When Edition Office was first presented with this home, it was an intact Federation bungalow with a number of flaws.
Most notably, there was a ‘daggy’, non-original low metal fence out the front, and a dilapidated wrap-around tiled porch — that had sunk beneath its solid bluestone boundary — with a number of tiles missing.
On further inspection, the inside showed signs of very poor-quality restoration work, the original Baltic pine floor had significant damage, and the previously renovated bathroom and kitchen had left it devoid of all original features.
Kim Bridgland, director of Edition Office, says their response was to complete careful restoration work on the building’s exterior, while designing new additions that spoke to the original parts of the home.
‘The new works were carefully designed to tuck behind the ridge of the original terracotta tile roof form, ensuring they are entirely concealed when the house is viewed from the front,’ he explains.
They succeeded in retaining most of the original home, only demolishing the rear corner of the house, and even managed to restore the tiled porch, sourcing replacement tiles from heritage salvage yards to identically match the missing pieces.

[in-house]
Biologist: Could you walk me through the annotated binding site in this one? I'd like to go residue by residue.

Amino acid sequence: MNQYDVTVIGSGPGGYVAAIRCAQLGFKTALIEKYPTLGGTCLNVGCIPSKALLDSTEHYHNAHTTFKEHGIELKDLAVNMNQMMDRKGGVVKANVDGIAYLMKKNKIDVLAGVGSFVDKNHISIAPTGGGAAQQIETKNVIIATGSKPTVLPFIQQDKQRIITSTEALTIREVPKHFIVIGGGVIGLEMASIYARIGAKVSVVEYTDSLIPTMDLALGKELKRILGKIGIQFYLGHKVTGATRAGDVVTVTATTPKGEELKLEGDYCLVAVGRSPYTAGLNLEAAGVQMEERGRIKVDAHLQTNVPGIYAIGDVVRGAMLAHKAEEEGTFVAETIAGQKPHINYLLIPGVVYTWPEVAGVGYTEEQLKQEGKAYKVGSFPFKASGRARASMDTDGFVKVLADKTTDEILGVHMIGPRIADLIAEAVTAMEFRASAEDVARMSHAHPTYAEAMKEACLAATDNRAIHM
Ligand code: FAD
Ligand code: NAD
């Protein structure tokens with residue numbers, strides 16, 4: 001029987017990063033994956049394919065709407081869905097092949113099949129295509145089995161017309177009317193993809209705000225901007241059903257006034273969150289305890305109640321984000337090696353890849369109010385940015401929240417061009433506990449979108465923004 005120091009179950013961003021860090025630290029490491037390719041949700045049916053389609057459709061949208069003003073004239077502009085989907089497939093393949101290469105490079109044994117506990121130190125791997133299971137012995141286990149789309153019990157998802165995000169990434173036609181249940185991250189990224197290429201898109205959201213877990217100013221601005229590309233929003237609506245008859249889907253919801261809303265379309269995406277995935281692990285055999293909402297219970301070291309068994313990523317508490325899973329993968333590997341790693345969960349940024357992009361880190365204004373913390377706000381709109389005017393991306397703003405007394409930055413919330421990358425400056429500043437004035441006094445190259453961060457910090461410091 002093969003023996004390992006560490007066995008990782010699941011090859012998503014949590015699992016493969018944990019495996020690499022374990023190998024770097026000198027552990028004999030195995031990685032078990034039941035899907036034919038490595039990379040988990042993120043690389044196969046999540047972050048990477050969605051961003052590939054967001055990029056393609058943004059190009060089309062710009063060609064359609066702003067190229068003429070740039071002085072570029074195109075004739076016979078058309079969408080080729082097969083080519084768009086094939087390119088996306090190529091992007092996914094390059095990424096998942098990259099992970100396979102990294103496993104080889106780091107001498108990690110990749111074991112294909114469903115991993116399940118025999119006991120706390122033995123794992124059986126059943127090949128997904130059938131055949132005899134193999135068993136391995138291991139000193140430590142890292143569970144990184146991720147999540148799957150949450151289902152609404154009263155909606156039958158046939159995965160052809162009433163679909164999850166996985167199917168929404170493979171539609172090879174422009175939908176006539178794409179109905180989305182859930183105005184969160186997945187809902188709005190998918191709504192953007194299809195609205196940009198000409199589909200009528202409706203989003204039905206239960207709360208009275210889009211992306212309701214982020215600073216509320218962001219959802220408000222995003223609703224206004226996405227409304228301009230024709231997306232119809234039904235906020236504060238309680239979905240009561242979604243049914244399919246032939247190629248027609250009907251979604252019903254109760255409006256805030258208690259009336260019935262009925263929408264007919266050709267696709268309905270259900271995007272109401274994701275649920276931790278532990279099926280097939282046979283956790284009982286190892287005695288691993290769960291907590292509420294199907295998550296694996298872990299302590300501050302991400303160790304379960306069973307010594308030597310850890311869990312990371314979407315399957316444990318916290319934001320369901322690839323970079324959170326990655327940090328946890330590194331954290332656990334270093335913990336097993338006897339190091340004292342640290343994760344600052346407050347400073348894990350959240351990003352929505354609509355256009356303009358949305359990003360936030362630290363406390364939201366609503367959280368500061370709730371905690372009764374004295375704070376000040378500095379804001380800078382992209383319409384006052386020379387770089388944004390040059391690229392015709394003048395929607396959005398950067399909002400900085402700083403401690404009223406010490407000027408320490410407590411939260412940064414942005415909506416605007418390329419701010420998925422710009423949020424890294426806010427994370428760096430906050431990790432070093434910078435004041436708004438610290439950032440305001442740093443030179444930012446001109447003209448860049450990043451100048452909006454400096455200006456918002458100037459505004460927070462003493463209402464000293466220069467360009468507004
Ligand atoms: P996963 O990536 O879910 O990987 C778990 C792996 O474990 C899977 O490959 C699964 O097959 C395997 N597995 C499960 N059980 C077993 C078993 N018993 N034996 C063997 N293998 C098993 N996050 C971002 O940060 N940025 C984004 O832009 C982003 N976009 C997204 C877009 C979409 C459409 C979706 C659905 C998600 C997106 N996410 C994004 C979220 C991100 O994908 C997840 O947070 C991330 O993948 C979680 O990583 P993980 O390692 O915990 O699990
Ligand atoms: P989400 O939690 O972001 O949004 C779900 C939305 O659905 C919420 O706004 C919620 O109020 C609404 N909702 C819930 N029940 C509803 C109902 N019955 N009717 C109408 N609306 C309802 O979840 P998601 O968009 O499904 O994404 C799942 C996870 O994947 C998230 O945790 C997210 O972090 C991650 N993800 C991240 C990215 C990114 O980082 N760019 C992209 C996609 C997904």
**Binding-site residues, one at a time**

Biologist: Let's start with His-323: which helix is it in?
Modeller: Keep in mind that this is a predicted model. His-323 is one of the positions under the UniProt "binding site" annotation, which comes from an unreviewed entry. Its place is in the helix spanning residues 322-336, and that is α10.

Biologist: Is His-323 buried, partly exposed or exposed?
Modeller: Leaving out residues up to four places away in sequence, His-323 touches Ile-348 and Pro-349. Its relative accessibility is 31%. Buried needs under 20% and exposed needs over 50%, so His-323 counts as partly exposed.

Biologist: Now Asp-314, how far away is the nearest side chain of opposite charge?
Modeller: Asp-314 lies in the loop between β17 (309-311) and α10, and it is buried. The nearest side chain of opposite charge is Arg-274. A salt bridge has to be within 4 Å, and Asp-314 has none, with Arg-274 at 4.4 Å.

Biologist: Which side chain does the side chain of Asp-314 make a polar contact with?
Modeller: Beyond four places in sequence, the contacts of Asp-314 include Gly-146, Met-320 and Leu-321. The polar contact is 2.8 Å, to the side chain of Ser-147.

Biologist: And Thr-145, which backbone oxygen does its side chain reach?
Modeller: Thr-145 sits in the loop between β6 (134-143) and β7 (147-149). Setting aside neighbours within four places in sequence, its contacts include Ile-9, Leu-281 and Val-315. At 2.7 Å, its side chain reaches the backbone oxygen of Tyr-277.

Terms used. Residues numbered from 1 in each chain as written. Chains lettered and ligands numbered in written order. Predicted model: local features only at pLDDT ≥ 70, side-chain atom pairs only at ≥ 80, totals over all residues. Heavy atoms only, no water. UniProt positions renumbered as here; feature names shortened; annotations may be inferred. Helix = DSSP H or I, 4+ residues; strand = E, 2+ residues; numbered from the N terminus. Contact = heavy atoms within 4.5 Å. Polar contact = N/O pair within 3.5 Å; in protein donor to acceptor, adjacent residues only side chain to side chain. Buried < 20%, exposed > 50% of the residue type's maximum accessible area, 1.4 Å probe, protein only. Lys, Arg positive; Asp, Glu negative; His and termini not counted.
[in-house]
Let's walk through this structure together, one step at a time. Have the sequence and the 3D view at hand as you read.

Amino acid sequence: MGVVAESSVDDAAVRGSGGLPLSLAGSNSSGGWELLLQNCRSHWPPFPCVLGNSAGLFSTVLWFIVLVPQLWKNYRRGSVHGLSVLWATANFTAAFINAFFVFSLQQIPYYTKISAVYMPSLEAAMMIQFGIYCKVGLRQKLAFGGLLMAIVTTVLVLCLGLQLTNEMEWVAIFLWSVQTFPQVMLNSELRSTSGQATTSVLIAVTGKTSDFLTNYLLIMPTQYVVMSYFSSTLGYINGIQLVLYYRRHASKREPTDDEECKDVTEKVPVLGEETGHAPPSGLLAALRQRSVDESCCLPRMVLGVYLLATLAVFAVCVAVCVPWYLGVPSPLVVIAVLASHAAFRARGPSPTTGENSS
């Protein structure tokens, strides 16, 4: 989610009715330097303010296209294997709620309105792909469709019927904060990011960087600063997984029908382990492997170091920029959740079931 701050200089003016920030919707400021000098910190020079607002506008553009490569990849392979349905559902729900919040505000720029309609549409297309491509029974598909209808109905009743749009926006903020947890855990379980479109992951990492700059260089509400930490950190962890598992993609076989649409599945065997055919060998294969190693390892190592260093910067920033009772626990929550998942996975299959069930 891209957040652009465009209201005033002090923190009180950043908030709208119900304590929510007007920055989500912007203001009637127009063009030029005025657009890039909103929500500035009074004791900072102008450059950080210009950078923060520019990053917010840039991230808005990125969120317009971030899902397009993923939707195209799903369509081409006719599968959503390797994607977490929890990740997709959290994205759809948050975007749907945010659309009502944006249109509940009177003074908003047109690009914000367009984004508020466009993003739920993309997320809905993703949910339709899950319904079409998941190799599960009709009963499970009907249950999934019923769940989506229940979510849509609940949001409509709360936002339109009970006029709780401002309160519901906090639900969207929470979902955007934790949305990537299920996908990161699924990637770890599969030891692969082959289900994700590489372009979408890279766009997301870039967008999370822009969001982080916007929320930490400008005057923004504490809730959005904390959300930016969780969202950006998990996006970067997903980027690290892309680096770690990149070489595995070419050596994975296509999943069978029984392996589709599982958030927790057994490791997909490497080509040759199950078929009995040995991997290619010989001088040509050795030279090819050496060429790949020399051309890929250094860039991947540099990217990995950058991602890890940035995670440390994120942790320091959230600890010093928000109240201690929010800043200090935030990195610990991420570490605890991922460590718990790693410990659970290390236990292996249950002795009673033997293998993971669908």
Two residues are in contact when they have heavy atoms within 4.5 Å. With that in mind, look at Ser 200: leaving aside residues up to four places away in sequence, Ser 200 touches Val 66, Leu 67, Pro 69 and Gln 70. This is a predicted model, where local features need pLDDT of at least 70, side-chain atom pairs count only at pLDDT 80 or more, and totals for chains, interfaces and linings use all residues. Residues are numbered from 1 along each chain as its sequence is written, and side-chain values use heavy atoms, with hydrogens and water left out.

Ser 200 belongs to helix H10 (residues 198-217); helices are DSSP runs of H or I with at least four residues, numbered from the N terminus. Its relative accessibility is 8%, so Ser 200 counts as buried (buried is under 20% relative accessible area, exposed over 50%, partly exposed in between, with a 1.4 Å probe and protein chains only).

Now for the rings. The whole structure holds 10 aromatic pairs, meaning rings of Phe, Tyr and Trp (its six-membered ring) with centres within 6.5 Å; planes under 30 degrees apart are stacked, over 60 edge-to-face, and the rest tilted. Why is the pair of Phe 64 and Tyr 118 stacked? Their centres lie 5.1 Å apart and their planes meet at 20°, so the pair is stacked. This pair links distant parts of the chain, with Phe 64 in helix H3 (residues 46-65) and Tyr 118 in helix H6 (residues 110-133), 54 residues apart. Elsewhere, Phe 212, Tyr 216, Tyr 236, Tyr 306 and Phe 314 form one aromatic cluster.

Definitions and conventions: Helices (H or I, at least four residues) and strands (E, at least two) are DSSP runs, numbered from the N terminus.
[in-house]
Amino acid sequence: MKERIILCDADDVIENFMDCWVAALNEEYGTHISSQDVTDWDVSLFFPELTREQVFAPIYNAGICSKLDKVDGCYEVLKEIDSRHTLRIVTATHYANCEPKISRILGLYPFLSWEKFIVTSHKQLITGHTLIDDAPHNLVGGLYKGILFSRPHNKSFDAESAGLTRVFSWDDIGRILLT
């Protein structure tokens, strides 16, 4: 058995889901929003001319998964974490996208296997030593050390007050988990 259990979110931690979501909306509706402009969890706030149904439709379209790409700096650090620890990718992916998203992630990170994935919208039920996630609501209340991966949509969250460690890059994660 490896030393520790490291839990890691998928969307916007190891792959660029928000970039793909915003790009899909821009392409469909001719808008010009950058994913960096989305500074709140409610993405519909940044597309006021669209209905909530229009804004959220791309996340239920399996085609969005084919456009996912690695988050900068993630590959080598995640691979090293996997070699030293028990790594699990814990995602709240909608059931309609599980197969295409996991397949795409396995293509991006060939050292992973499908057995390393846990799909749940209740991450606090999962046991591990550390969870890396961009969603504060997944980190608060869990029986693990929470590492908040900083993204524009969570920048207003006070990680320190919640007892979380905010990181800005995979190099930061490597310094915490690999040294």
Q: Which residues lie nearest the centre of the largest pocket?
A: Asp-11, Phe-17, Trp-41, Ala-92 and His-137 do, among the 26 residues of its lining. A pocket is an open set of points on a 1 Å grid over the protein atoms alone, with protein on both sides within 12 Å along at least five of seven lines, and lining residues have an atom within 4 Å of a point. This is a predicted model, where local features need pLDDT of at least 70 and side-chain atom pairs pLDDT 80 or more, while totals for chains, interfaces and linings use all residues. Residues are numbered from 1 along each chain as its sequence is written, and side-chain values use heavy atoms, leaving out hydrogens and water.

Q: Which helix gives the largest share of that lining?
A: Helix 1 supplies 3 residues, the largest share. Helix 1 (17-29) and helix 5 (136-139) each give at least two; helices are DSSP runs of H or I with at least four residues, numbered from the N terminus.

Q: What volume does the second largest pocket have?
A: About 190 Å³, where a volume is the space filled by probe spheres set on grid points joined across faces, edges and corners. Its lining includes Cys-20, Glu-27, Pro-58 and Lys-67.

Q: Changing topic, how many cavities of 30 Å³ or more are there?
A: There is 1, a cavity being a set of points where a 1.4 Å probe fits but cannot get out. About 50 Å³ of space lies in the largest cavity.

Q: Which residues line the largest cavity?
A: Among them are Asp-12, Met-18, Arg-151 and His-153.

The resulting home is a lesson in respecting the past but looking to the future. Combining the two are curved details, softly finished custom brickwork and a new elevated level that sits tucked beneath the ridge of the original terracotta tile roof.
For a family of three growing boys, it was important for there to be privacy, yet connection; space for informal get-togethers, but also for sophisticated gatherings.
The boys bedrooms and a quiet social retreat are held within the stately rooms of the original house, while open-plan kitchen, living and dining are found in the new addition.
‘The design connects us to each other in a very clever way,’ says the homeowner. ‘The children can have their own space, yet they never feel remote.’
The main bedroom is upstairs, clad in warm timber. There’s a secret door that, when closed, turns the bedroom into a true retreat, yet when open, it still feels perfectly separate — and not too distant from the kids’ bedrooms below.
‘We’re still connecting to the house’s past in the front section, yet are — still now — excited everyday with the promise of what lies beyond.’